Keen to give them a go? Ready to experience effortless running? Drop by the store and see if the new Nike Zoom Fly has what it takes to propel you towards your goal at your next event.

Remember, as with all shoe purchases at intraining Running Centre, our trained footwear specialists will analyse your running gait to ensure you put your best foot forward.

Nike Zoom Fly - #breaking2 inspired - Available at intraining Running Centre

Feetures – The new wonder sock is here
Sore heel holding you back? This sock can help
Ever had that frustrating feeling when you wake up in the morning and find out you have a sore heel? Plantar fasciitis (PF) is a condition caused by drastic or sudden increases in mileage, poor foot structure, and inappropriate running shoes, which can overload the plantar fascia, the connective tissue that runs from the heel to the base of the toes, resulting in heel pain. If you have every had PF, chances are you know it can be a real pain to overcome.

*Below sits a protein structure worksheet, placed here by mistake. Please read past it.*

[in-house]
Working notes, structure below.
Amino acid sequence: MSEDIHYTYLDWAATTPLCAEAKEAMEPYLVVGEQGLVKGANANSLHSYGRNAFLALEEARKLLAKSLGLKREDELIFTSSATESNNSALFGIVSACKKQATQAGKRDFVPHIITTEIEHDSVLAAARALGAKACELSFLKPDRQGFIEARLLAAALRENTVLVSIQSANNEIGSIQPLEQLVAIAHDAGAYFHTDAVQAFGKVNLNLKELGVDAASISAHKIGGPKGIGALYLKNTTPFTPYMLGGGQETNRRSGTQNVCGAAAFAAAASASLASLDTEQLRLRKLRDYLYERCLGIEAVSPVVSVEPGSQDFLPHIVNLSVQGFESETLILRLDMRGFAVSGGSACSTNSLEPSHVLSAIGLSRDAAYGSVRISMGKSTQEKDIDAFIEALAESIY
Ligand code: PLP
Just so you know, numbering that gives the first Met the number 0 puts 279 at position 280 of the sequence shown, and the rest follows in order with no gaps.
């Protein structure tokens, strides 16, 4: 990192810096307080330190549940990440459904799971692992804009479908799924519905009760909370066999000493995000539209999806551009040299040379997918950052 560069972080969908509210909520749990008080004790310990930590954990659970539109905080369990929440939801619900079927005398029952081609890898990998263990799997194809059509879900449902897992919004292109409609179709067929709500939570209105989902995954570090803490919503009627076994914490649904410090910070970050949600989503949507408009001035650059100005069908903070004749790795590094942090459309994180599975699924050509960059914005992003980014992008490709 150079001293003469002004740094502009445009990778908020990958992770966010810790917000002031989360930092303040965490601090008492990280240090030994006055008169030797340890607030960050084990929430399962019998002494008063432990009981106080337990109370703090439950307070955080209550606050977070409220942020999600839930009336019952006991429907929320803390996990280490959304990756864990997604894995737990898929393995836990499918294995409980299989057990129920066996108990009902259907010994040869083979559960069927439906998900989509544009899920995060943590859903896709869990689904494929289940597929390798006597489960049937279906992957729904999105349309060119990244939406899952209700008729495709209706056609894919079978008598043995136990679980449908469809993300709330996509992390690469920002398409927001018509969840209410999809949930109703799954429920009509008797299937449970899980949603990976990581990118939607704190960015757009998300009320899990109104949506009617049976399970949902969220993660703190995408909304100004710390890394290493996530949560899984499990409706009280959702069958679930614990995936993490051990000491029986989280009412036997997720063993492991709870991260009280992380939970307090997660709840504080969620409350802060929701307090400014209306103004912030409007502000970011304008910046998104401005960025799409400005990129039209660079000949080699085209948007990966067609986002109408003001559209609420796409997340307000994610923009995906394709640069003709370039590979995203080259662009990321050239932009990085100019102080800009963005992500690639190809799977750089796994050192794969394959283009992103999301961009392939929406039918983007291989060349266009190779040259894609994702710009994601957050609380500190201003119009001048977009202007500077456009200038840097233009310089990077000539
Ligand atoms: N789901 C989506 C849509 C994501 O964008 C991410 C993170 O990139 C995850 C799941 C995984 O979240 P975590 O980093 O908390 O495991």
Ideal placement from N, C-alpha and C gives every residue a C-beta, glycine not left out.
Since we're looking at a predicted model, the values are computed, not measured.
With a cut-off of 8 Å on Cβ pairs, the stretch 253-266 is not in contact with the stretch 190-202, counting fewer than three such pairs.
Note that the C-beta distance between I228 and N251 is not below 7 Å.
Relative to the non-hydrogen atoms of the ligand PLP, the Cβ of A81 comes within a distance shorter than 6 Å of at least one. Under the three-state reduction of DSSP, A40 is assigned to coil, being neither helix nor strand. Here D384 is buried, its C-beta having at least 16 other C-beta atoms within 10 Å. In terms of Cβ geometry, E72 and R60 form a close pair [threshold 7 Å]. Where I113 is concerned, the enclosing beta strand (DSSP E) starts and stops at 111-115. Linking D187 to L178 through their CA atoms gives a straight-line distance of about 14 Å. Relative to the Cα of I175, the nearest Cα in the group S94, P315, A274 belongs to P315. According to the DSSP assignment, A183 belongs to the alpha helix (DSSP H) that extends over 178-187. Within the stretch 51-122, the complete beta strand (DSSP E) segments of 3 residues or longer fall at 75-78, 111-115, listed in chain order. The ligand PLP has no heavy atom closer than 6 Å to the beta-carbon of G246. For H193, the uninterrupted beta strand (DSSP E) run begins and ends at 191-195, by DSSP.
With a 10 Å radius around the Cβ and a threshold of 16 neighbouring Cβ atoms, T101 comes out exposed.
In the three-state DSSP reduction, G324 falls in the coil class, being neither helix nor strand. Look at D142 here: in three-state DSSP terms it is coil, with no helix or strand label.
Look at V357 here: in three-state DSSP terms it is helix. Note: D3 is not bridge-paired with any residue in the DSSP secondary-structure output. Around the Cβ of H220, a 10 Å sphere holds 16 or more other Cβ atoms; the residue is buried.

Enter the new Plantar Fascia compression sock from Feetures. This is the latest high-quality recovery focused foot garment to hit the shelves at intraining Running Centre. Whilst not the silver bullet in curing plantar fascia pain, they’re a great adjunct treatment for sufferers of Plantar Fasciopathy. Read more here how the new wonder sock can help provide relief and get you back out running quicker.

The Plantar Fascia Compression Socks from Feetures have recently been launched worldwide. We are excited that intraining Running Centre is one of the first few locations you can get your hands on a pair … well, your feet in a pair!

Feetures PF sock- available at intraining Running Centre

Calf injuries – Doug James (podiatrist, physiotherapist & runner)
Find out the how and why of your calf concerns
There are few things more frustrating than spending months training for a race, only for an injury to prevent you from being able to run it. Calf and lower leg injuries are responsible for a good number of these ‘DNS’ (Did Not Start) type injuries, but many of them are preventable.

Your calf muscles and lower legs are like barometers for how well you are handling your training load. Pain and muscle tightness are often signs of overuse and may signal an oncoming injury. The biggest cause of running injuries are errors in your training approach.

At this point of the season errors may be due to not allowing sufficient recovery time between hard sessions, and failing to heed warnings that you are pushing too hard.